In Florida, if a person dies without a will, their property will then pass on to their nearest relatives through the Florida intestate laws. These laws outline a strict formula that judges use to distribute the assets of the deceased to their family members. This is done to help avoid a situation where the assets of the deceased person end up in the possession of the state.
As an aside, please note that if you have minor children, without a will naming the guardian of your children, the court will determine who will act as guardian. The court will also appoint the person who will administer your estate. In addition, if you are unmarried, but have a partner, your partner will not inherit anything from your estate without a will naming him or her as a beneficiary.
These laws are inflexible, and very rarely do they carry out the specific wishes of the deceased individual. For these reasons, intestate succession is viewed as a sort of backup plan to be used by the courts to distribute the assets of the deceased when their intent is not known. Because of this, it’s essential to work with an experienced Florida estate planning attorney to ensure your estate plan and will are structured according to your wishes.
Property Not Affected by Intestate Laws
Not every asset will pass on to relatives through Florida’s intestate laws. Only the assets that would normally be included in a will are subject to intestate laws. Jointly owned property is most commonly not affected by intestate laws.
This includes, but is not limited to, bank accounts, vehicles, real estate, and any property that is owned by two or more people in a joint tenancy situation. Since joint tenancy usually includes rights of survivorship, the property will automatically be passed on to the surviving owners.
Who Will Inherit The Property?
When someone in Florida passes away without leaving behind a written will, the court will handle the task of identifying all surviving family members and determining who will ultimately inherit the deceased individual’s property. This is typically a straightforward process with one person or a small group of people qualifying to inherit intestate property, along the following lines:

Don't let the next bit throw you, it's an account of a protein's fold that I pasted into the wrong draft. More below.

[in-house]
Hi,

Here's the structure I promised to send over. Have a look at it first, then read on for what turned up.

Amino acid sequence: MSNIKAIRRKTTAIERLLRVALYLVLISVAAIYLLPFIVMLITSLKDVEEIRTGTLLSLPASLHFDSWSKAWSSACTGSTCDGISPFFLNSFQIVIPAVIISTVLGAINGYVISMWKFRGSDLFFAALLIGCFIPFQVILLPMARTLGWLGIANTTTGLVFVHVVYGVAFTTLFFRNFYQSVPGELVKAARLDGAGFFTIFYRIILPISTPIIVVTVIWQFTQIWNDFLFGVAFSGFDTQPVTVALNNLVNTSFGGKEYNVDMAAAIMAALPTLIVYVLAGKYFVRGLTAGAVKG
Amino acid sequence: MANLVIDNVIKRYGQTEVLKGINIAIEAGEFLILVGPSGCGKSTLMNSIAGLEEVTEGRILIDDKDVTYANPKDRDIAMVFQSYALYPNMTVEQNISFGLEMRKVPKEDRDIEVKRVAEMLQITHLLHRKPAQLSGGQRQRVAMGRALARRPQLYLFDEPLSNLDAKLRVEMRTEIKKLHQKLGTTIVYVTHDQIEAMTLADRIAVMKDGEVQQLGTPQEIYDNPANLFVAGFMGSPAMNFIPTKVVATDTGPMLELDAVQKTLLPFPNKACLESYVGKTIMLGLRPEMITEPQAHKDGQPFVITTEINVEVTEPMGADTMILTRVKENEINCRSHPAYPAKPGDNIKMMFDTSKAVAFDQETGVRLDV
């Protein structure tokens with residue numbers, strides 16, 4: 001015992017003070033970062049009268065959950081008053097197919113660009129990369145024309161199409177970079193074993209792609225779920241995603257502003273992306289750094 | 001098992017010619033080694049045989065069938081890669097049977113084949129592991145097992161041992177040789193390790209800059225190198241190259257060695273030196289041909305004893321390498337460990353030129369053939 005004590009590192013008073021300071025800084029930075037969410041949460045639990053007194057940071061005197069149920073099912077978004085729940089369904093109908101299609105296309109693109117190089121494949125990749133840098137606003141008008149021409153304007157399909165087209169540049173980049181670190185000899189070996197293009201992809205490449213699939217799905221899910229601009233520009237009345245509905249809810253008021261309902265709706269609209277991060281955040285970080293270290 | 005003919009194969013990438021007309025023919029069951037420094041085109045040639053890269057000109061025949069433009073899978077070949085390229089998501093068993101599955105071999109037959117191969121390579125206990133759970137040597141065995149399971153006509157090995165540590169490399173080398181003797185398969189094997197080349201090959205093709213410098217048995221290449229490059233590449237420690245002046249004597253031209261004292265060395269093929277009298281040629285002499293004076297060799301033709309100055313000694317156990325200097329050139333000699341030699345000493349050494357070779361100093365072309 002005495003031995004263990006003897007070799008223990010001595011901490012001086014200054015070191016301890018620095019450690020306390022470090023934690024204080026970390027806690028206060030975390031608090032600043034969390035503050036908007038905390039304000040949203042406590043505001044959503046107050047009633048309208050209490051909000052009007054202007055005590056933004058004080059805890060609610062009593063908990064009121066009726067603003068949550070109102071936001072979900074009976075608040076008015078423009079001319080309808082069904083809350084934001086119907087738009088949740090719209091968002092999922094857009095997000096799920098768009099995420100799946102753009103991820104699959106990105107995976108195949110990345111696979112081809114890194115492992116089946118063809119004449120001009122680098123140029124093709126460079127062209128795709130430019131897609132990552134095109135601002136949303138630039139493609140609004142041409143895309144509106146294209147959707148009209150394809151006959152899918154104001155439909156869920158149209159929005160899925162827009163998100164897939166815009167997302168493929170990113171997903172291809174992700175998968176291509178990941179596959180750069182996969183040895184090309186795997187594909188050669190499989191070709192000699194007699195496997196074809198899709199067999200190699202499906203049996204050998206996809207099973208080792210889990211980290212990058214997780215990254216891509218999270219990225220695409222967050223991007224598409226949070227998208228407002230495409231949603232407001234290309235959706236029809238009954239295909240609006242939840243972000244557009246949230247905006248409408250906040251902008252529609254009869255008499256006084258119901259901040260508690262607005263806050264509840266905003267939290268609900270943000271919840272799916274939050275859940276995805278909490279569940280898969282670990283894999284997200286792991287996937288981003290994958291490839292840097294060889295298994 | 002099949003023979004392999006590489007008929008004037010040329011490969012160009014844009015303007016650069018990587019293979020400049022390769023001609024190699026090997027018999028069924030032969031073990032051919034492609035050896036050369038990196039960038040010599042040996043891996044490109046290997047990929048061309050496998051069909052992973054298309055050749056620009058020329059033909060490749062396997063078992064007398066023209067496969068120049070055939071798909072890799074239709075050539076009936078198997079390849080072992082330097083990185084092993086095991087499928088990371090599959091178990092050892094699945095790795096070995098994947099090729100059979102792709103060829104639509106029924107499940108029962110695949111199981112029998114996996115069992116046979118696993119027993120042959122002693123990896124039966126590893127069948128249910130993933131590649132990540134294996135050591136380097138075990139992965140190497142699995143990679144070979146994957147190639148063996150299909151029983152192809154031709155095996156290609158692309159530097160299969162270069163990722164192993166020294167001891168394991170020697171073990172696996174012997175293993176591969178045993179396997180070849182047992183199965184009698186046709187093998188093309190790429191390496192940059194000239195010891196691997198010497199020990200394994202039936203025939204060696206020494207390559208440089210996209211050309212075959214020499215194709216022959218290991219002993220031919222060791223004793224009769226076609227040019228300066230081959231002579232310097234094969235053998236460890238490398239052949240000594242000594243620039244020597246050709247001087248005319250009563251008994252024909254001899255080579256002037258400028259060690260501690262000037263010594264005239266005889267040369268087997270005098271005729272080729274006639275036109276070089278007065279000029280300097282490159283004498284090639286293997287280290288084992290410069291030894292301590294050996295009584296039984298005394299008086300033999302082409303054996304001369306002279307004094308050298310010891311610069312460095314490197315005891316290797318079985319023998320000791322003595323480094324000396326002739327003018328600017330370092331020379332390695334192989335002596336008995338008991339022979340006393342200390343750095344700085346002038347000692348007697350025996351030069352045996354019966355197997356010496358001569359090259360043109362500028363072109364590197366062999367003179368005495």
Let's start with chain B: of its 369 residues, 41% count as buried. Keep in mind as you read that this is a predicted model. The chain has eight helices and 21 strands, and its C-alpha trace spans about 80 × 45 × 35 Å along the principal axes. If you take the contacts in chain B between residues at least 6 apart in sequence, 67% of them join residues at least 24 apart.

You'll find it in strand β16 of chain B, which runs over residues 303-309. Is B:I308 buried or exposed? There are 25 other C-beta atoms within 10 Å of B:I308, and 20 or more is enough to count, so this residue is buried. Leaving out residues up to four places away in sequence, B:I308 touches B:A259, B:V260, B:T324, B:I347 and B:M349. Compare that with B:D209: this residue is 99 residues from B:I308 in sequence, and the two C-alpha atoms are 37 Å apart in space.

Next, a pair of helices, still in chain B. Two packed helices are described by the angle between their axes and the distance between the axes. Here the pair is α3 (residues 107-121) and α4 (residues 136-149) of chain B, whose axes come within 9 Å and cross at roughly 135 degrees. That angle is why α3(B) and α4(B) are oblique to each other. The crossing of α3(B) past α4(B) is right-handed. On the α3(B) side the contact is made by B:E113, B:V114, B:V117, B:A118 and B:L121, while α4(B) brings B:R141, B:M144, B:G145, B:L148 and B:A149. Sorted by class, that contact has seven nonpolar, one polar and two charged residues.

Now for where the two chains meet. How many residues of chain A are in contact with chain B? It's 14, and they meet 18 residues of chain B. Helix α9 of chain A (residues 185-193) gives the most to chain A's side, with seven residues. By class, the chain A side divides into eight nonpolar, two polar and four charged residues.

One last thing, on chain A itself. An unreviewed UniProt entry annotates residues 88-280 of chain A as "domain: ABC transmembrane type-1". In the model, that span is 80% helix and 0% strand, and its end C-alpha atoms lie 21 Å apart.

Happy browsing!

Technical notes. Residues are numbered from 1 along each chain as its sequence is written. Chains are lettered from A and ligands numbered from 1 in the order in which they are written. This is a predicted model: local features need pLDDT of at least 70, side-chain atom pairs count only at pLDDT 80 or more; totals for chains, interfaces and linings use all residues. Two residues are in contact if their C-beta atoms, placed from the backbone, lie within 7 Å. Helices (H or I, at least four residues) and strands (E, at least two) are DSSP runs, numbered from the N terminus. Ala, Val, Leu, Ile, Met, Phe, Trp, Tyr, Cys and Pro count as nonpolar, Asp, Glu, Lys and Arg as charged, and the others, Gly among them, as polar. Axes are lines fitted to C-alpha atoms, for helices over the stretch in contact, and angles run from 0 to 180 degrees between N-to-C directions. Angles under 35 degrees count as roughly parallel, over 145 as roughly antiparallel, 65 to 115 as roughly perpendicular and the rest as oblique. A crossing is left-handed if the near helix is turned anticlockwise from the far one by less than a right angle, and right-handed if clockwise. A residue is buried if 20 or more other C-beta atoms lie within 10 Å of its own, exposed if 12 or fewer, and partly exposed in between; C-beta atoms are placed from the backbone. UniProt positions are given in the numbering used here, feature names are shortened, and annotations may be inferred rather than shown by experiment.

- If the deceased individual leaves behind a child but no spouse, then the child will receive everything.
- In situations where the deceased individual leaves behind a spouse but no children or grandchildren, the spouse will inherit everything.
- If there are no spouses or descendants, then the surviving parents stand to inherit, and siblings inherit if there are no parents or other descendants.
What Does the Spouse Inherit?
If you are married and pass away without a will in Florida, what the surviving spouse inherits depends upon whether or not the deceased individual has left behind any children. A person who passes away with no children, grandchildren, or great-grandchildren leaves their spouse behind to inherit all of their intestate property.
If a person passes away and they have children or other descendants with their surviving spouse and that surviving spouse has no descendants from a previous relationship then the surviving spouse inherits everything.
If there are children or other descendants, then depending upon the asset, the surviving spouse may inherit half of the intestate property.
This isn’t just a given, it takes a judge in a Probate administration (and a year and about 2-3% of your assets in attorney’s fees) to determine the identity of your intestate heirs and to order the passing accordingly.
When Would The State Get Your Property?
It is common to be concerned that the state of Florida may become the beneficiary of your property if you pass away without a will. Fortunately, this rarely happens because the laws in the state are designed to make sure your property is passed to anyone even remotely related to you.
The only way the state will get your property is in situations where everyone in your family has passed away before you. This includes not just spouses, children, and grandchildren but also aunts, uncles, great uncles, great aunts, nieces, nephews, cousins of any degree, and the children, siblings, or parents of a spouse who passes away before you.
Read my article regarding why single people need estate planning here: https://jakoblegal.com/single-you-still-need-an-estate-plan/
Who Else Can Inherit?
In addition to the obvious relatives that stand to inherit, there are others who could potentially serve as your heirs in Florida according to state law. Any half relative in Florida will inherit as if they were a whole relative.
For example, if your brother with whom you share a mother but not a father survived you then he would have the same right to your property as he would have if you were both born to the same parents.
Also, relatives who are born after, but conceived before, you pass away inherit in the same way they would have had they been born when you were alive. Any relative entitled to inherit can receive their inheritance regardless of their immigration status.
Contact Our South Florida Estate Planning Team Today
If you or someone close to you has questions regarding what happens if you die without a will in Florida, Andrea Jakob and the JakobLegal team are here and ready to help with any questions you may have. Contact us today so we can begin helping you protect your future and that of your loved ones.